Purpose: This study investigates whether stressing Salmonella via long-term storage and inoculating on oregano results in detectable gene expression changes and if observed changes suggest potential adaptive processes that enable pathogen survival on spices.
Methods: Salmonella enterica serotype Montevideo was inoculated in 250mL of TSB, incubated 16-24 hr at 37oC, and subsequently transferred to 4oC for long-term storage. Monthly, 500 ul of the inoculum stored at 4oC was spiked onto 25g oregano with 250 mL TSB plus 2% v/v corn oil, and incubated 16-24 hr at 37oC with shaking. Total RNA was extracted, enriched for mRNA, sequencing library generated and sequenced on the Illumina Miseq platform. GenBank CDS annotations were processed in CLC Bio Workbench.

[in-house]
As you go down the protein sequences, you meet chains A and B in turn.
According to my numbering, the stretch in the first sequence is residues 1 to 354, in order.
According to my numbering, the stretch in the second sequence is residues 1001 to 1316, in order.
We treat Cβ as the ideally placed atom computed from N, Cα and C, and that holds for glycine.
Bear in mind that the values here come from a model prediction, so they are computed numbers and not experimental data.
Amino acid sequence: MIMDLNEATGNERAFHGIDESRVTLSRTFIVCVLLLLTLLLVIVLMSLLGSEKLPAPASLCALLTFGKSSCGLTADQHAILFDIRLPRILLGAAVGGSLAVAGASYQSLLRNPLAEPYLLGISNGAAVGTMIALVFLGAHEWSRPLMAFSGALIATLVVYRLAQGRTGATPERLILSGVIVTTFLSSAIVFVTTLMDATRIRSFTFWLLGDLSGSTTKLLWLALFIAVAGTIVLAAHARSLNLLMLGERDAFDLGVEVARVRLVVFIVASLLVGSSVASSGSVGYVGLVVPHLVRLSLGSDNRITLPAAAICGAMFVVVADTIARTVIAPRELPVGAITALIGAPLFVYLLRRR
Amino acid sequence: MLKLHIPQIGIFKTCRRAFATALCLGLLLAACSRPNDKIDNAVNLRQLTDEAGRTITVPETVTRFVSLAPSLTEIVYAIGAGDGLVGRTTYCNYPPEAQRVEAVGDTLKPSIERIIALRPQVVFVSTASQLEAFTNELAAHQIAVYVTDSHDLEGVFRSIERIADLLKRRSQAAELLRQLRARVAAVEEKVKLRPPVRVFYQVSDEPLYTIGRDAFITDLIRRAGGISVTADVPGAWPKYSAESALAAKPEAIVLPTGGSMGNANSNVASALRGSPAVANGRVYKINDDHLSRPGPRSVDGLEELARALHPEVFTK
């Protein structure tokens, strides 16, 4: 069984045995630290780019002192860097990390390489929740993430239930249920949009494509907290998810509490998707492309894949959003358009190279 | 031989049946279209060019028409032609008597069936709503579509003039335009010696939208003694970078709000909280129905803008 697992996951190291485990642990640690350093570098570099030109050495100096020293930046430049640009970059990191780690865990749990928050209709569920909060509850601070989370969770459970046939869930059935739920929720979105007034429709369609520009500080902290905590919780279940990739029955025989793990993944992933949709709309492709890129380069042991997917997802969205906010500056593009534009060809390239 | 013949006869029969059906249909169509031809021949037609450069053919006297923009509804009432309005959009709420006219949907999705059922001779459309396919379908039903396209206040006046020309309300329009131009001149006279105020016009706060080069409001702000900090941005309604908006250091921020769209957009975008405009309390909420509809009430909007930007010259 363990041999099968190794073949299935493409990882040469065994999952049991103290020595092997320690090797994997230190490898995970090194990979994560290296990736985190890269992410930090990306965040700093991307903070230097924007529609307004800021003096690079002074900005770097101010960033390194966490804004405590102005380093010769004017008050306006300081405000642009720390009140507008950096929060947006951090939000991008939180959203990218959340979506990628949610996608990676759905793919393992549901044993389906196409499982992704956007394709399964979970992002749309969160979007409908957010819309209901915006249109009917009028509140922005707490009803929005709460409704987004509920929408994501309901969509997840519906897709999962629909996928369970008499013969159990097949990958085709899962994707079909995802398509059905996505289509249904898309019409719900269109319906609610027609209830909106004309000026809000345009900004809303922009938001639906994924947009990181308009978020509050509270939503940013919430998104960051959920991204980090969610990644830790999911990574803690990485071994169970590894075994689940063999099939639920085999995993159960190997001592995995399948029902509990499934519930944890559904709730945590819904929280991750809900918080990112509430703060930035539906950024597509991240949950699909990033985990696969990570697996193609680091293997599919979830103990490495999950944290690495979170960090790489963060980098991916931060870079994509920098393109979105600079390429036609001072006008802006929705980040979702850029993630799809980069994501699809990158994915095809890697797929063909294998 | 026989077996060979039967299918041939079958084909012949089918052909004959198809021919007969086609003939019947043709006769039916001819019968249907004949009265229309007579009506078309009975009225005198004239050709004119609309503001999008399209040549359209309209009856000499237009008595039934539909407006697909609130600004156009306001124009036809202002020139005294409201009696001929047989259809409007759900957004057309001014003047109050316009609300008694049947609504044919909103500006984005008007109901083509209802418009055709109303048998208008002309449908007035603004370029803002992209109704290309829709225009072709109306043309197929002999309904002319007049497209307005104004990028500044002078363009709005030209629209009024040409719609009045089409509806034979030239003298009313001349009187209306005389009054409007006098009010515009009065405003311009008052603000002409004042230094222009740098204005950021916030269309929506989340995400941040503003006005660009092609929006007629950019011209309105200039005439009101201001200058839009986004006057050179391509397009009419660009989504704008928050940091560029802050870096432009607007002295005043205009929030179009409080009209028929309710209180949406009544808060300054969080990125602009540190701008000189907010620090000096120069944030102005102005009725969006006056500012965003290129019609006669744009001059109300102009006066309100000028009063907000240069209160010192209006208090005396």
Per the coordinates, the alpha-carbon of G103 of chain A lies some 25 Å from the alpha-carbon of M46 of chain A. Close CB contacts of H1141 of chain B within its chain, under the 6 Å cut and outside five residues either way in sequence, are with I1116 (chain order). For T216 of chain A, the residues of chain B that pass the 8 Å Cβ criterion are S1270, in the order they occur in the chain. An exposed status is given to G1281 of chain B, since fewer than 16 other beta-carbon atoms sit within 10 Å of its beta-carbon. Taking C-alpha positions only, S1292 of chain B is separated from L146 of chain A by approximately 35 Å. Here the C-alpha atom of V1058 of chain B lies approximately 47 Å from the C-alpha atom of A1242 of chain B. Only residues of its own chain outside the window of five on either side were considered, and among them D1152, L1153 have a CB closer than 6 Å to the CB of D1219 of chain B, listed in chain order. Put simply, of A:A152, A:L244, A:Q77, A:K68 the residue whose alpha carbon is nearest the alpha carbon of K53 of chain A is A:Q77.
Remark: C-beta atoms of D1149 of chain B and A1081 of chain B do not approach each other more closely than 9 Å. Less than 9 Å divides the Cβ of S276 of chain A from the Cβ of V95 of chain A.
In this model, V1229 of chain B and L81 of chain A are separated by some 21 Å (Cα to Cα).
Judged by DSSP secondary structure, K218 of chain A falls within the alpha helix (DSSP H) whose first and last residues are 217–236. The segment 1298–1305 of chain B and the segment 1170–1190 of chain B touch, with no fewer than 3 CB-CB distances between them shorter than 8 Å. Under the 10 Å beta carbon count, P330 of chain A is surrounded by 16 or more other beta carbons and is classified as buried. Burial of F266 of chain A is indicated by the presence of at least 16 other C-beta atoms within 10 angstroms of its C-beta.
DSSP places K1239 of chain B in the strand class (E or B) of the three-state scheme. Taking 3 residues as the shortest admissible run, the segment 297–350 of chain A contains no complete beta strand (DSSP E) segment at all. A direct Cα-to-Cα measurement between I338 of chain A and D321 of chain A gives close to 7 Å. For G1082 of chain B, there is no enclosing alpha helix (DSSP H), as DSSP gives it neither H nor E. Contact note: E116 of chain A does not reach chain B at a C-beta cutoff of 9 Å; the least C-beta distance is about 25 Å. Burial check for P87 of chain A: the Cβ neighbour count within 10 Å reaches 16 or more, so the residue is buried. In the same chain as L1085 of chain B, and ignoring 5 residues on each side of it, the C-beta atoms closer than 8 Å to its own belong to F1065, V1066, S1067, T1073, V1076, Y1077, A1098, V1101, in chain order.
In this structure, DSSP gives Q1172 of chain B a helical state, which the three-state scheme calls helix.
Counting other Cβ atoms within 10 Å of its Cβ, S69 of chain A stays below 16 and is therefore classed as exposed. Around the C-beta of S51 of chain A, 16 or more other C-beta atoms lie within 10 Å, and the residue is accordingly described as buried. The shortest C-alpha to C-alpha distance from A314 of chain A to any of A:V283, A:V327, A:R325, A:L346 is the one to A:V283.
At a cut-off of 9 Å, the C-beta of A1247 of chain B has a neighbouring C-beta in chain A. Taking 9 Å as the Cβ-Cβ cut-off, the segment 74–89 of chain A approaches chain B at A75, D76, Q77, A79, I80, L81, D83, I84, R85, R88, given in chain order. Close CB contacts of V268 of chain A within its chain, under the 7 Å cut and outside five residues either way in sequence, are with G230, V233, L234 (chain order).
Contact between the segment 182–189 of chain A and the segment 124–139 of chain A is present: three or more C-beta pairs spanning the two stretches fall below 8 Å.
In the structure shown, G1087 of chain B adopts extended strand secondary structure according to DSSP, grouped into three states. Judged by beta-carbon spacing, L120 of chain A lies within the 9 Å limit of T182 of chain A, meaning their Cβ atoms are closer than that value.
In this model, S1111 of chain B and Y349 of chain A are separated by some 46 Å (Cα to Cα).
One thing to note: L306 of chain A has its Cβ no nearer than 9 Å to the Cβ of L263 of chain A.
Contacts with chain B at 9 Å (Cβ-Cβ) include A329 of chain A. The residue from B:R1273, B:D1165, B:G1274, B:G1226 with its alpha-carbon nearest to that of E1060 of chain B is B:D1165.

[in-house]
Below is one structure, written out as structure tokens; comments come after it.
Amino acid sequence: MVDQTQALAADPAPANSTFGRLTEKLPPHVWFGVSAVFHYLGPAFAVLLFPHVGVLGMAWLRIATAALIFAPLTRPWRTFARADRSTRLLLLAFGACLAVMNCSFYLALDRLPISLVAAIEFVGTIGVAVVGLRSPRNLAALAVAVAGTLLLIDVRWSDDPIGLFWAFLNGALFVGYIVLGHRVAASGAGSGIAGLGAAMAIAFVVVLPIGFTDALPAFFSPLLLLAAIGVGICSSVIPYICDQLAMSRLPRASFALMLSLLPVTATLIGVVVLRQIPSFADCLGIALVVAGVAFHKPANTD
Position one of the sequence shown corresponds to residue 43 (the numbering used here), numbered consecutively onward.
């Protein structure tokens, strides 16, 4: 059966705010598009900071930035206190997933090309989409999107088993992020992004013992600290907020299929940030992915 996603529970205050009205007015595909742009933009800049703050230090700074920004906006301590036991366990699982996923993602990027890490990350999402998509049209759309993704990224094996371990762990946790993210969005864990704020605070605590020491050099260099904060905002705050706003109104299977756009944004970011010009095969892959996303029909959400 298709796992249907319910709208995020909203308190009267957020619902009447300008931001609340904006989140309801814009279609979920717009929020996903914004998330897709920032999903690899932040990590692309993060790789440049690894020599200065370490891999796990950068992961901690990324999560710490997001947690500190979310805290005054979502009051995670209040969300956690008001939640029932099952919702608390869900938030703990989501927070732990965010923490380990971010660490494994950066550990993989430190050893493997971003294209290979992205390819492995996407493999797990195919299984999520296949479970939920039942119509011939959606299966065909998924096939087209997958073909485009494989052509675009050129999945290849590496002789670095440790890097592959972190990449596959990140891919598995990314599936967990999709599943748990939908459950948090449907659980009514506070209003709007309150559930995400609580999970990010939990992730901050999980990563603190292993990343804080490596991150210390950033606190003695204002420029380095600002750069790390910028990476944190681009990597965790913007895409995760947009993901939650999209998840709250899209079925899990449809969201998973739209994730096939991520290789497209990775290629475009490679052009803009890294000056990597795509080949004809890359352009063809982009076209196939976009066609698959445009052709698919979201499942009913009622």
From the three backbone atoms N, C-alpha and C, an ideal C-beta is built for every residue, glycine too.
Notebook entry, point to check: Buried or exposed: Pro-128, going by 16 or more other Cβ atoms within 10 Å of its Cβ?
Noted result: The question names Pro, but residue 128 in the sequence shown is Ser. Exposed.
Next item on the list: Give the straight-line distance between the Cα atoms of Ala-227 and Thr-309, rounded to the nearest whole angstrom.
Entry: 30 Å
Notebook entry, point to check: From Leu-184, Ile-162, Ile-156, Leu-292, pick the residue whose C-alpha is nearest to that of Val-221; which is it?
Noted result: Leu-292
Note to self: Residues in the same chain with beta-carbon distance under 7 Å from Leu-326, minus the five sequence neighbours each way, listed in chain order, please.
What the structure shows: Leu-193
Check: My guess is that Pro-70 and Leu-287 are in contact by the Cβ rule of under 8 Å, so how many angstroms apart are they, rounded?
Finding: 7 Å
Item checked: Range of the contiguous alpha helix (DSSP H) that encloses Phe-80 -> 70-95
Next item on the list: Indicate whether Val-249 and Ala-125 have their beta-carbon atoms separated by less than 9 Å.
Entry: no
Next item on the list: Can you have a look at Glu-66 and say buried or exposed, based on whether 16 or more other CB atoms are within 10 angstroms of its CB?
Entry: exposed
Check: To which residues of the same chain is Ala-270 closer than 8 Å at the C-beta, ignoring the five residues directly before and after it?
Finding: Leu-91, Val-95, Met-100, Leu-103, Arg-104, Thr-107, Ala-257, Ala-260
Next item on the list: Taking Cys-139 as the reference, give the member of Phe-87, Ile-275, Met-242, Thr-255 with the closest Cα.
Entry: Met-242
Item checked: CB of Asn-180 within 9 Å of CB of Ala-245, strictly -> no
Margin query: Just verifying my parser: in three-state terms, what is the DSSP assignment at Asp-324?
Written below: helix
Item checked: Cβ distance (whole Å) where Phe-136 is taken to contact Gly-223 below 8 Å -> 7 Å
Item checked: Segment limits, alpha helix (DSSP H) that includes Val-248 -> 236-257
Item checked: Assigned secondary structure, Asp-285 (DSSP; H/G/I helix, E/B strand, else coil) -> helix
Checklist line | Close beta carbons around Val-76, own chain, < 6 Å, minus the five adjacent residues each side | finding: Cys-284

Results: Of 4367 loci, 61% displaying discernable number of sequence reads were taken for further analysis. Differential transcription was observed over time. Genes involved in a broad spectrum of processes from housekeeping to stress response were observed. They include chaperone, cold shock, SOS-response, DNA replication and repair proteins, proteases, methylase, and those involved in ammonia reduction and alternative metabolic pathways.
Significance: Transcriptomics is a powerful tool for capturing snapshots of molecular changes in gene expression over time. These molecular changes most likely reflect adaptive physiological changes that enhance the survival of Salmonella in highly stressful environments, like low-moisture foods such as spices. This information can be used to advance the FDA’s mitigation, detection, and eradication of foodborne pathogens in the food supply.